Monday, December 19, 2005

U.N. hates hostage takers, at least most of them 

I was browsing the U.N.'s web site, trolling for incendiary stuff, and found the site to be a veritable motherload for bloggers. They've done a fabulous job of publishing truckloads of documents and press releases -- can't shred this e-stuff! -- and there's something to outrage almost any web-based opinion. If you haven't posted in a few hours and need a quick topic, I heartily recommend you take a little stroll through www.un.org.

My discovery today was the details of the U.N.'s International Convention Against Hostage Taking. It appears the U.N., contrary to all my cynical assumptions and snide comments, actually does hate hostage takers, and has done so with a beauracratic passion going all the way back to 1979:

Article I, part 1: Any person who seizes or detains and threatens to kill, to injure or to continue to detain another person (hereinafter referred to as the "hostage") in order to compel a third party, namely, a State, an international intergovernmental organization, a natural or juridical person, or a group of persons, to do or abstain from doing any act as an explicit or implicit condition for the release of the hostage commits the offence of taking of hostages ("hostage-taking") within the meaning of this Convention.
They make it that clear because of how seriously they take it. They want to make sure we know this definition applies to Ev-er-y-bo-dy.

Article 3, part 1: The State Party in the territory of which the hostage is held by the offender shall take all measures it considers appropriate to ease the situation of the hostage, in particular, to secure his release and, after his release, to facilitate, when relevant, his departure.
This is critical, because they recognize hostage taking is so evil. They want to make sure that if, say, Hezbullah operating out of Lebanon decided to kidnap someone from a neighboring country -- let's just say, for example, Israel -- then Lebanon as the state in which the hostage was being held would have to take all measures it considers appropriate to ease the situation of the hostage. This is so important, because we need the world, and Israelis to trust that Lebanon will take all those measures, and here it is in black and white: the UN says they have to. Thank God for UN declarations, right?

Well, let me tell you, long story short: this anti-Hostage-Taking thing just goes on and on, nailing down point after point, leaving absolutely no doubt about the UN putting up with any crap on this subject. I mean leaving no doubt about the UN not putting up with any crap. Well, I mean one of those. And you can bet that this serious attitude rubs off in other areas. If the UN is so thorough about Hostage Taking, you can only imagine the kind of resolutions they would pass condemning someone who tried to go nuclear and threaten the existence of another UN member state.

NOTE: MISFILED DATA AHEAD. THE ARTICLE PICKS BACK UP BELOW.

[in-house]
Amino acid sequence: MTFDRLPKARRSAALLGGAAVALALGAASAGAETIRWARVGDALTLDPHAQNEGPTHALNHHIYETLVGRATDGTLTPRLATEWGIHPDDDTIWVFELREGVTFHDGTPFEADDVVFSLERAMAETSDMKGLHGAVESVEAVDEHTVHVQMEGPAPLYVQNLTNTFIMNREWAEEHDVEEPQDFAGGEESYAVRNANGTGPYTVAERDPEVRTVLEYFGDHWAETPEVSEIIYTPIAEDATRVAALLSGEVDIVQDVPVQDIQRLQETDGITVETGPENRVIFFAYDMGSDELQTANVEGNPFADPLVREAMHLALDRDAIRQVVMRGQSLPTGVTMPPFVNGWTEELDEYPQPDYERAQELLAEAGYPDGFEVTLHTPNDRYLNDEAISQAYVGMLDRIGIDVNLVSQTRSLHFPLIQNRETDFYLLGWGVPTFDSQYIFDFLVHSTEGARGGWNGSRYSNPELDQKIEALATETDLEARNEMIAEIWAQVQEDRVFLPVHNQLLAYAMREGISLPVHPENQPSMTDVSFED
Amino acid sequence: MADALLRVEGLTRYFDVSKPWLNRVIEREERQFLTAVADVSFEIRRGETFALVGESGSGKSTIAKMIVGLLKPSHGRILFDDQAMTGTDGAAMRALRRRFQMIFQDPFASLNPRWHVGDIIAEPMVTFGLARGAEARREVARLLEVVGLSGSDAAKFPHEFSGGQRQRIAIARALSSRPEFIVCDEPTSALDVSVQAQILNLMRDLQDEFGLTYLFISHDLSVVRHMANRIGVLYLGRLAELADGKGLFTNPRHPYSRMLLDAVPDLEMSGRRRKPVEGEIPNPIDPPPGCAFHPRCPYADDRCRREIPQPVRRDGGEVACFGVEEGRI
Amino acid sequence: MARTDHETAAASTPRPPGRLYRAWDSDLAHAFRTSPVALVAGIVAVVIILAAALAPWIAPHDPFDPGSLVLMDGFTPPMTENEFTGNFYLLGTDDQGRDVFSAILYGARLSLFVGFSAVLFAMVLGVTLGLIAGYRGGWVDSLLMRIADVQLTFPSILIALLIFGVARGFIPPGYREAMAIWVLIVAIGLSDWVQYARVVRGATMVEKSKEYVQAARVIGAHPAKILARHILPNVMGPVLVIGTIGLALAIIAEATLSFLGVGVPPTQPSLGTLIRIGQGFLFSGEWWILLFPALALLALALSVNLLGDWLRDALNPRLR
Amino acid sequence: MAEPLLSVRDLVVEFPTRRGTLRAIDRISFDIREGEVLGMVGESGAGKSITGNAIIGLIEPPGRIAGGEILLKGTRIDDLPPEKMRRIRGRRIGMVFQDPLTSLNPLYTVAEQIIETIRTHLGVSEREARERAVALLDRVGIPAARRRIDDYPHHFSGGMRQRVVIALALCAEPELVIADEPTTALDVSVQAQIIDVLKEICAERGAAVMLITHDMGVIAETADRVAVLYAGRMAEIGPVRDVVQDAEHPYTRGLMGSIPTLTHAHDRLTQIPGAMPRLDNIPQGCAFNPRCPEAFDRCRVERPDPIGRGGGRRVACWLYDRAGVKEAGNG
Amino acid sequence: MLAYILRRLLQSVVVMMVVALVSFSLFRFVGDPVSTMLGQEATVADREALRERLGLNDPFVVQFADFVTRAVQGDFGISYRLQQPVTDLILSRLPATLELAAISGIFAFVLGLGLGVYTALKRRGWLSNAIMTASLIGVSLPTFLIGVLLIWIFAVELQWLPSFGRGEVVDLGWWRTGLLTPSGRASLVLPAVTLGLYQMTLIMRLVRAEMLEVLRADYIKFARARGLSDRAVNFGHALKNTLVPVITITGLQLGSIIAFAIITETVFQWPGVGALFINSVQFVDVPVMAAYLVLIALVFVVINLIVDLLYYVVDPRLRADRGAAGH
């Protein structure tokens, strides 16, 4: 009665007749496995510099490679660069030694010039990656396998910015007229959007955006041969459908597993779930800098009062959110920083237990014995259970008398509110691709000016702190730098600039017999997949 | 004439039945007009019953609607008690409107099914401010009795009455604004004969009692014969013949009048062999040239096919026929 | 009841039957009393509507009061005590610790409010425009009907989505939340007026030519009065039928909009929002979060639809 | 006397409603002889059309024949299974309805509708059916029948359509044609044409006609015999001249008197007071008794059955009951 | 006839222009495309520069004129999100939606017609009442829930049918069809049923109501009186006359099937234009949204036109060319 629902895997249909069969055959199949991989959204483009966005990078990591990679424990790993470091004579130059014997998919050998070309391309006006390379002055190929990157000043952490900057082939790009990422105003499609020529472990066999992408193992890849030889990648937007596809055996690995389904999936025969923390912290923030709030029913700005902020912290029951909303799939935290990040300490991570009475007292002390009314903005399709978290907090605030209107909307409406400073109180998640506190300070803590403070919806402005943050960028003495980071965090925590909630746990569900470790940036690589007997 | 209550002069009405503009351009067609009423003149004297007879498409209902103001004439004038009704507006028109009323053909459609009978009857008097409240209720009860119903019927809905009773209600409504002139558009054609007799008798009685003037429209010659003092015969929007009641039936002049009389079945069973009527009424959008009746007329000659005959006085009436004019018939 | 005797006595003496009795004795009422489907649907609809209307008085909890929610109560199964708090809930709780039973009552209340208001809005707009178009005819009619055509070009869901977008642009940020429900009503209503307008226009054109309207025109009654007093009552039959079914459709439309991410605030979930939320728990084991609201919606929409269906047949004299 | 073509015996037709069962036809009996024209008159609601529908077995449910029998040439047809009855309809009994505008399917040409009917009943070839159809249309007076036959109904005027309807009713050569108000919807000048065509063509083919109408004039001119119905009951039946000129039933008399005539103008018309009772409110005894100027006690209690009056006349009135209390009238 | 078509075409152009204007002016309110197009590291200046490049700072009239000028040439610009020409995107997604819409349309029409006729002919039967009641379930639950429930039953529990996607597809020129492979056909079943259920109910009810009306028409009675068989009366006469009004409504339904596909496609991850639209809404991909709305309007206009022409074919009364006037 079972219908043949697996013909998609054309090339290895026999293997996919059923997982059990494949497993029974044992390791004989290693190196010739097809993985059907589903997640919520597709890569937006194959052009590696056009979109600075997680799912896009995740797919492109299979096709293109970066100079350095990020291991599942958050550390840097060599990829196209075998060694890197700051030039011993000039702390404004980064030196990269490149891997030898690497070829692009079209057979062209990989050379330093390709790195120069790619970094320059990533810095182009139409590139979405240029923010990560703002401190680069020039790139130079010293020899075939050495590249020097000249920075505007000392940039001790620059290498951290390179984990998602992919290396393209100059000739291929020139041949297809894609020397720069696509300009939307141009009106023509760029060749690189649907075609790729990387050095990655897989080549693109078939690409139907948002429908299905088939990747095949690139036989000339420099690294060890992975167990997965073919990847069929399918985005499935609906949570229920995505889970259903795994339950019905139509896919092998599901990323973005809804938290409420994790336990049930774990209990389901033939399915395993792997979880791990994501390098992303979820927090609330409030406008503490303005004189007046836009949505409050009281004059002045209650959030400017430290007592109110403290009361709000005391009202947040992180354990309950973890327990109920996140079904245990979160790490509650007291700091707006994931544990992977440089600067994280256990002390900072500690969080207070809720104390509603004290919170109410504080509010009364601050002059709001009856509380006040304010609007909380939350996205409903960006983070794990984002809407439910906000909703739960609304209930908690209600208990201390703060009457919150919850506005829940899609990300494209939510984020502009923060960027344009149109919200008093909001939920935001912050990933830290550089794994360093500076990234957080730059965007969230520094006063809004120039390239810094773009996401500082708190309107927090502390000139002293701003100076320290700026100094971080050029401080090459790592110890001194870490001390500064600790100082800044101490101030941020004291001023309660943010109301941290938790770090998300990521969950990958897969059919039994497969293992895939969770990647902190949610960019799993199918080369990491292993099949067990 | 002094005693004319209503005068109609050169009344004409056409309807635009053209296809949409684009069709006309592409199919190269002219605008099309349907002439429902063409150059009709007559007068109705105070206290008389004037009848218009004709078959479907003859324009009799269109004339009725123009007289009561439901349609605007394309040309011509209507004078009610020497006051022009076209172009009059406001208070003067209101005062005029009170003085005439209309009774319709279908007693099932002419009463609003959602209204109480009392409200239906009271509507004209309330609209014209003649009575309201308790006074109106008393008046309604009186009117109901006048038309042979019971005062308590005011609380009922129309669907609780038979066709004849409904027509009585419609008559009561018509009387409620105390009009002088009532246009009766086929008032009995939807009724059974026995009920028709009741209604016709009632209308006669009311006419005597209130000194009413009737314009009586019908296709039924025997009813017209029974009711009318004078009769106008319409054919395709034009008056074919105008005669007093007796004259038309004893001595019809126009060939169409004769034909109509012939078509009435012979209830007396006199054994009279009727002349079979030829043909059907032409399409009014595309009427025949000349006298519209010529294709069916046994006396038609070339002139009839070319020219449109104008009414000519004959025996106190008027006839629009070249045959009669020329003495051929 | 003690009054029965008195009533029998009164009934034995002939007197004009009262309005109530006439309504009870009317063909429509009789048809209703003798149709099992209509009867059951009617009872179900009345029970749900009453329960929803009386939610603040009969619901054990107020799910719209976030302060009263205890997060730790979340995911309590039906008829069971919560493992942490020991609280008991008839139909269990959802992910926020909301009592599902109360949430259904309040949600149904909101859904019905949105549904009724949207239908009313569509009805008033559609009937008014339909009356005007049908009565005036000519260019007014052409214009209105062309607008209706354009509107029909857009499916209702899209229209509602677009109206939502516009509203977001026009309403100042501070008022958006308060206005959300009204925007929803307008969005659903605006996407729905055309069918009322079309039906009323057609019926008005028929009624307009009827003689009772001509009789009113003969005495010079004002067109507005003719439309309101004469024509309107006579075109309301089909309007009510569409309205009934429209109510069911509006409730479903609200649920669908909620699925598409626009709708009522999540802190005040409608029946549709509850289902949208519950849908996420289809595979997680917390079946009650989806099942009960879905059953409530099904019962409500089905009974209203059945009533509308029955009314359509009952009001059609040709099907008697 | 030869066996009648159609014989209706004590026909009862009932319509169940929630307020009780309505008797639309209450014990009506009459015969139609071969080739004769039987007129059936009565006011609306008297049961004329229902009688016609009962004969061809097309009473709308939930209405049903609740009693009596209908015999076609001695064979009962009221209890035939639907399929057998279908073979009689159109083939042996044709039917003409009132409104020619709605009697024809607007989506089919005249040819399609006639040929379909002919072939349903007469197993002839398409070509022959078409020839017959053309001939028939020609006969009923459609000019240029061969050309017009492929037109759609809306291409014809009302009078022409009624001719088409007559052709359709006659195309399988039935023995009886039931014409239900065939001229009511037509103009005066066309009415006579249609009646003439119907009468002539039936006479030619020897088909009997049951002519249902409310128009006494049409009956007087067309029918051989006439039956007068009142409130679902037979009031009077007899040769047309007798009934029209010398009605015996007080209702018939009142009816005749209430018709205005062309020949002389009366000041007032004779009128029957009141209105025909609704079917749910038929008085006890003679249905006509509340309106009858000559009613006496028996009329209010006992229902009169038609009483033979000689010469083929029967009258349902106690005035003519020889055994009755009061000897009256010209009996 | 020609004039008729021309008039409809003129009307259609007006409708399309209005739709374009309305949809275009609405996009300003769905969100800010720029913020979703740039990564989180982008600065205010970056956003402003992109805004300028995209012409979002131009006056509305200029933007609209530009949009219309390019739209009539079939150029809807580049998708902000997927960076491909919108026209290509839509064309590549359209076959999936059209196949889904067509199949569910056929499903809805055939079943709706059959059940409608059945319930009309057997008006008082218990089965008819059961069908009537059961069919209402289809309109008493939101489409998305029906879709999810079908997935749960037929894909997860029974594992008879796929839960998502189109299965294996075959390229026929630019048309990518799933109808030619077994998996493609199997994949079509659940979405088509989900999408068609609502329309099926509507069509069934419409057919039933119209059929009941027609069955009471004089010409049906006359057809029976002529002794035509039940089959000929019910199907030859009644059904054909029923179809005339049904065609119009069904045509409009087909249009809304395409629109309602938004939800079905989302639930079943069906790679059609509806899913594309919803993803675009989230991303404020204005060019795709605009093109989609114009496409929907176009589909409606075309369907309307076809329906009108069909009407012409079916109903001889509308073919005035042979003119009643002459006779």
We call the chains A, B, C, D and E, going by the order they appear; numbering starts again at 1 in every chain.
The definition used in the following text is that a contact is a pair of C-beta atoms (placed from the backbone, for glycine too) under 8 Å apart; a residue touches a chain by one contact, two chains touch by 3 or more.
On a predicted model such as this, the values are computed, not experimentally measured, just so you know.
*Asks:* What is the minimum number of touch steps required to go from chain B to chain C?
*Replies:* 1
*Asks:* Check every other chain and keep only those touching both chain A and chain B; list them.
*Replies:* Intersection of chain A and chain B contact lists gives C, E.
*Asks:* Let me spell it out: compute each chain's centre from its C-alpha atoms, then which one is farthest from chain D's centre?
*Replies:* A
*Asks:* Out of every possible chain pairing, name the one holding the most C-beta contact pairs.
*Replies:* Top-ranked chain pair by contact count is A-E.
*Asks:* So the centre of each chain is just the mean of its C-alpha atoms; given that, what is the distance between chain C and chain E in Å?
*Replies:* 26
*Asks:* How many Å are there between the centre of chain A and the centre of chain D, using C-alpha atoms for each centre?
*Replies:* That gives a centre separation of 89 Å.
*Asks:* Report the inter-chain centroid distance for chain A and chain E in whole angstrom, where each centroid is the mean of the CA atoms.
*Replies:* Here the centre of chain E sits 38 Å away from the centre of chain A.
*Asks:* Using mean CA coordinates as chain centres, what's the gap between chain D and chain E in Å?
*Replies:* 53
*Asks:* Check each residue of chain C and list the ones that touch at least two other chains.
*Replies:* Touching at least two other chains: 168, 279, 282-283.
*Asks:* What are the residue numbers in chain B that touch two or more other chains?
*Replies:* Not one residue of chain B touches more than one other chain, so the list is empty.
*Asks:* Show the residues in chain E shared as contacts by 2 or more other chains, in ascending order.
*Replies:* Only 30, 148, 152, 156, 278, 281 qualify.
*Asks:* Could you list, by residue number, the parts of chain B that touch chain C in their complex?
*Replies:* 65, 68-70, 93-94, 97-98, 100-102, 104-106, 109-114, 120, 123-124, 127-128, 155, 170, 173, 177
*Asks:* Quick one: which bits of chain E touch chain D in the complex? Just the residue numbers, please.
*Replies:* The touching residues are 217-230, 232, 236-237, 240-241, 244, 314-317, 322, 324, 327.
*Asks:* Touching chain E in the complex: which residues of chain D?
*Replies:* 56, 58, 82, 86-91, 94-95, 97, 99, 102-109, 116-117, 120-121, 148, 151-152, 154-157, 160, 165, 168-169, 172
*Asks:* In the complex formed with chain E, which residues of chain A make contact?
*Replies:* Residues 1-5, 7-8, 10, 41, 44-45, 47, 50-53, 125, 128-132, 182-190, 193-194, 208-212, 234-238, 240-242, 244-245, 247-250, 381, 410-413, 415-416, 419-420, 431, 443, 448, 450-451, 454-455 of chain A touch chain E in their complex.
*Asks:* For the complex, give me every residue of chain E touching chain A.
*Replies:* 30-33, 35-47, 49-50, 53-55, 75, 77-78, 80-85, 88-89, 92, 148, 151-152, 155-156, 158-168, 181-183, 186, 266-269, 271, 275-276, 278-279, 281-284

And this is pretty darned reassuring to me as I try to evaluate how the World Body and its various "enforcement arms" (quotes of ridicule, not attribution) will respond as Iran races toward its version of Plutonium for the Elders of Zion. But it's nice to know that the U.N. is against every one of these generic evil concepts like Hostage Taking, Bomb Blowing Upping, Acting Unlawfully Against Fixed Platforms and eight or nine other serious forms of terrorism.

It's got to include Obliterating Jewish States as well, doesn't it? I mean, we've got this anti-Hostage Taking thing as a pretty strong precedent. That's got to count for something. And it's practically air tight. Just that one little teency-weency exception buried down in Aricle 12:

In so far as the Geneva Conventions of 1949 for the protection of war victims or the Additional Protocols to those Conventions are applicable to a particular act of hostage-taking, and in so far as States Parties to this Convention are bound under those conventions to prosecute or hand over the hostage-taker, the present Convention shall not apply to an act of hostage-taking committed in the course of armed conflicts as defined in the Geneva Conventions of 1949 and the Protocols thereto, including armed conflicts mentioned in article 1, paragraph 4, of Additional Protocol I of 1977, in which peoples are fighting against colonial domination and alien occupation and against racist regimes in the exercise of their right of self- determination, as enshrined in the Charter of the United Nations and the Declaration on Principles of International Law concerning Friendly Relations and Co-operation among States in accordance with the Charter of the United Nations.
So there is that one little exception, but I can't really imagine it actually applying to anybody. Can you? And even if it did theoretically apply to something like the Comoros Islands, that really wouldn't cause any potential nuclear ne'er-do-wells to doubt the intensity of the U.N.'s resolve and consensus in these issues.

I'll probably be posting more little nuggets from the UN web site in the future. It just makes me feel better.

If you really, really liked this -- or even really, really hated it -- there's lots more: